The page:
Hey Marine OCS Candidates! We’re here today sharing our first ever interview with a good friend of ours, United States Marine Corps 2nd Lieutenant Koehler. This interview is designed to help you in your preparation for Marine Corps Officer Candidates School and also to get some real life perspective on how past candidates before you have been successful. We ask some important, informative and motivating questions and 2nd Lieutenant Koehler came through with some great responses. Let’s get started.
Rob from Marine OCS Guide: Good afternoon Sir, thanks for taking the time to speak with MarineOCSGuide.com and helping future candidates in their quest to become 2nd Lieutenants! We’ll get started with this interview by asking what your current status in the United States Marine Corps is?
Koehler: Well, I graduated from Texas A&M in August of 2011, commissioned as a 2nd Lt at that time and have been waiting for TBS to start since then. At the time I graduated there was an 8-10 month long wait period between commissioning to TBS report date. My TBS date is now June 5th, 2012. The time between commissioning and TBS (for PLC Candidates) is unpaid so be prepared to find a job after graduation to support yourself during that time. I have heard that people graduating in this coming May will have a 12-18 month wait before TBS start date.
Rob: When did you decide that you wanted to become an Officer in the Marine Corps and what specifically motivated you to make it happen? What gave you the drive to succeed and get to where you are today?
Koehler: I had always wanted to be a Marine because of my father. He retired in 2000 after 20 years as a major. Growing up in a military family I saw a stark contrast between my public school civilian friend’s lives and my own. I knew I wanted that for my life and my family. I can’t say exactly where I received my drive, but I’d say part of it came from my adolescence in always needing to prove myself and the other was just natural need for competition. Plus my Father always told me to lead from the front so that’s where I’d have to be.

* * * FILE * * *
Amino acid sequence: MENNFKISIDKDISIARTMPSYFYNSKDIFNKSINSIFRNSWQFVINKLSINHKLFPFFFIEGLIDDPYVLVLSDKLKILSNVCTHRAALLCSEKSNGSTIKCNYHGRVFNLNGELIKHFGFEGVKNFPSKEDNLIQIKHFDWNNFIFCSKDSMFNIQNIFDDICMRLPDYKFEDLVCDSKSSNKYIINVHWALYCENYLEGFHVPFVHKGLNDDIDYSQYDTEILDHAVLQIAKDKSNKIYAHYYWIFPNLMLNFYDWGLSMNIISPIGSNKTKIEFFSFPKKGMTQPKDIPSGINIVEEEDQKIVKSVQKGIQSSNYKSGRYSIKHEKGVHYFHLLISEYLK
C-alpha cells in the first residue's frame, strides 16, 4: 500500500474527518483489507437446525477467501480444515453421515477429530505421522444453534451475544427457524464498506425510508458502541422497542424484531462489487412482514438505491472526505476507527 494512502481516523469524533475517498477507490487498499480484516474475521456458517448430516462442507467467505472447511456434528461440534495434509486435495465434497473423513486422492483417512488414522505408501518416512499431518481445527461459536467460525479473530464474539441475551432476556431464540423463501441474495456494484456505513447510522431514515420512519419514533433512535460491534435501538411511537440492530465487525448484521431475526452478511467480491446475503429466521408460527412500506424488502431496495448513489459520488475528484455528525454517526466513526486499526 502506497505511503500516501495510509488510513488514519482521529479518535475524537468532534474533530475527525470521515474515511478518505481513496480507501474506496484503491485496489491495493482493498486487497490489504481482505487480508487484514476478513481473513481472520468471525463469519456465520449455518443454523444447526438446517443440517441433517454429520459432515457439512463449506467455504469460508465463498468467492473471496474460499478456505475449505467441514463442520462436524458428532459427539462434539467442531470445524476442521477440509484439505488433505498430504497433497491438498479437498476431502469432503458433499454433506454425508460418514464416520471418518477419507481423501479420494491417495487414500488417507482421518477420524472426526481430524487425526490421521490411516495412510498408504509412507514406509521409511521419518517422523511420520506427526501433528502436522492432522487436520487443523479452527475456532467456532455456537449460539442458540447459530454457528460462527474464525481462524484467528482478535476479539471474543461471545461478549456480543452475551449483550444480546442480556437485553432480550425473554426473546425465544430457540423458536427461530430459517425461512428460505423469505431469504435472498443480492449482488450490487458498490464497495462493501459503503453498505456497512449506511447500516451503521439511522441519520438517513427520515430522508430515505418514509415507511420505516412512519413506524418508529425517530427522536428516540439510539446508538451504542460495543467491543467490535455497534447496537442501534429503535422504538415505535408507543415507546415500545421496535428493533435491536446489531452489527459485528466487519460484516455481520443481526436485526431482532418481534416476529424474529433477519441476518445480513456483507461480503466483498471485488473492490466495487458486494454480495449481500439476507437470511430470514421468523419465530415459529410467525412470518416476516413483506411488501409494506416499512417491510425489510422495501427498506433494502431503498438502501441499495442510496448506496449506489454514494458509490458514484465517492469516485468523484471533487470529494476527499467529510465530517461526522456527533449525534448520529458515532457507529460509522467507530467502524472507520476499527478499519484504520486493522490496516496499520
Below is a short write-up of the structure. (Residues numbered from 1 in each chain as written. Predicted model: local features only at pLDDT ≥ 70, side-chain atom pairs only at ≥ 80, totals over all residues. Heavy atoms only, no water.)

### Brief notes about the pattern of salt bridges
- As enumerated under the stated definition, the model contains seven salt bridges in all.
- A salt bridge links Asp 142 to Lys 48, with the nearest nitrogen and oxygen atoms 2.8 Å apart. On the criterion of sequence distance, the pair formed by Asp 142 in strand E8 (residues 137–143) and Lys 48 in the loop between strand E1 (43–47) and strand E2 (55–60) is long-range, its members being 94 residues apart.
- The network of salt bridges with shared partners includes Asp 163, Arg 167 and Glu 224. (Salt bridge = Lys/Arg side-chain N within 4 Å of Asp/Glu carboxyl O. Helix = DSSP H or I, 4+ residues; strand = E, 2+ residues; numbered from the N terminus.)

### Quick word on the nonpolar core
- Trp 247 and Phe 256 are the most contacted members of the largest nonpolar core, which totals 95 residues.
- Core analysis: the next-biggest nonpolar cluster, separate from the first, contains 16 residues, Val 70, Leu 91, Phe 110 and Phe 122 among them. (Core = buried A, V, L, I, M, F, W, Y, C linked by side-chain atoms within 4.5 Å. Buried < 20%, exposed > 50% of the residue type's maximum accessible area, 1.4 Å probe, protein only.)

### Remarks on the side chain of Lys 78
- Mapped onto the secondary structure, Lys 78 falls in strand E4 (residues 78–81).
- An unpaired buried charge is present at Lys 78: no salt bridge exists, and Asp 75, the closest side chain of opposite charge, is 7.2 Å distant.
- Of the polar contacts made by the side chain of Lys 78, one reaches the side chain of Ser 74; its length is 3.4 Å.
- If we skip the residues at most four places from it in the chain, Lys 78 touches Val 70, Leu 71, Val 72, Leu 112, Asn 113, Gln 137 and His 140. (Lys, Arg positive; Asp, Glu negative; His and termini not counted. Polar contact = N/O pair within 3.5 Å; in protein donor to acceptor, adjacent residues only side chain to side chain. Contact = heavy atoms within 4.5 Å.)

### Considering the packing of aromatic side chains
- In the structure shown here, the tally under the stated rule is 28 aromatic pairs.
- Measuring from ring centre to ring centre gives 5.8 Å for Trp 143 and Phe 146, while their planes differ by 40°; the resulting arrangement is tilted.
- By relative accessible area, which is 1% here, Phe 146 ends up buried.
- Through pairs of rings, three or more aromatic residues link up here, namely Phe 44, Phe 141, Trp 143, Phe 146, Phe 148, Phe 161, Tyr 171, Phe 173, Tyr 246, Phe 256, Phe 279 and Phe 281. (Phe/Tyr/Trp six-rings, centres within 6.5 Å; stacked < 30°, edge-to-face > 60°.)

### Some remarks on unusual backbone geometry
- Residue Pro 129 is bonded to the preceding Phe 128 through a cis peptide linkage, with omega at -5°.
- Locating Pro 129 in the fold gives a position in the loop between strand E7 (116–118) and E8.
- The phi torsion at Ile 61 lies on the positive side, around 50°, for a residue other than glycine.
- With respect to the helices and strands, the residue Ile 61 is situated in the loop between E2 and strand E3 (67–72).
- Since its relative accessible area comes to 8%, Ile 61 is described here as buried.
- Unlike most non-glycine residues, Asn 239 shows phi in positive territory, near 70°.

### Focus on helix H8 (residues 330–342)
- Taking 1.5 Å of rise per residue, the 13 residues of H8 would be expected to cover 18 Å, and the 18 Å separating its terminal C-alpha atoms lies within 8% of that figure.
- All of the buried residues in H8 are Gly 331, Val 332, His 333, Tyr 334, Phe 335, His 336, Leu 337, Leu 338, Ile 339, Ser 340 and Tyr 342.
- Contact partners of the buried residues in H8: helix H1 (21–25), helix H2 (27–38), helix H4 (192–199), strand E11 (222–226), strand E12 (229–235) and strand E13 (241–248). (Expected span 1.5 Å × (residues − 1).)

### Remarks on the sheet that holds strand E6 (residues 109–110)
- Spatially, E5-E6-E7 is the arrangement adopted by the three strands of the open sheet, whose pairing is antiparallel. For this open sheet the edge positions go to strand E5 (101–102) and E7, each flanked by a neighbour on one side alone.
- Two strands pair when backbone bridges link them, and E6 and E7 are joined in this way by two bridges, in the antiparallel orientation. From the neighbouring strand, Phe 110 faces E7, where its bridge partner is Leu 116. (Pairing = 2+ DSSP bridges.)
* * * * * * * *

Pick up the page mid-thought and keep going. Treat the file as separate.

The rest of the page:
Rob: You participated in the Texas A&M Corps of Cadets correct? How did that help to prepare you for Officer Candidates School and would you recommend current college students participate in an ROTC program on campus to prepare as well?
Koehler: Yes, I did. The Corps of Cadets is a very large Military leadership organization at Texas A&M. Imagine a 2,300 member ROTC program where everyone sleeps in the same dorms, eats chow together, works out and drills together, while also going to classes for 4 years. You build very strong relationships with your classmates and also a very rigid sense of discipline. Unfortunately, most ROTC programs at other colleges only come to class a few times a week, PT a few times a week, and wear a uniform sometimes. The experience of the Corps of Cadets vs. a standard ROTC is vastly different. I would recommend getting with your OSO and getting contact information on other candidates that have gone to OCS before you. If they have graduated from Seniors or college and are just waiting for TBS, then that’s even better. Befriend them, ask questions, work out with them, and see if you can borrow their OCS text book. Go make copies and read it. Study it. There is no such thing as being too prepared. It’s like showing up for a knife fight with a gun; you’re probably going to win. If no one else did their prep work like you, then you will get more sleep, feel better, classes will be a review not all new information and it will greatly simplify a large part of OCS.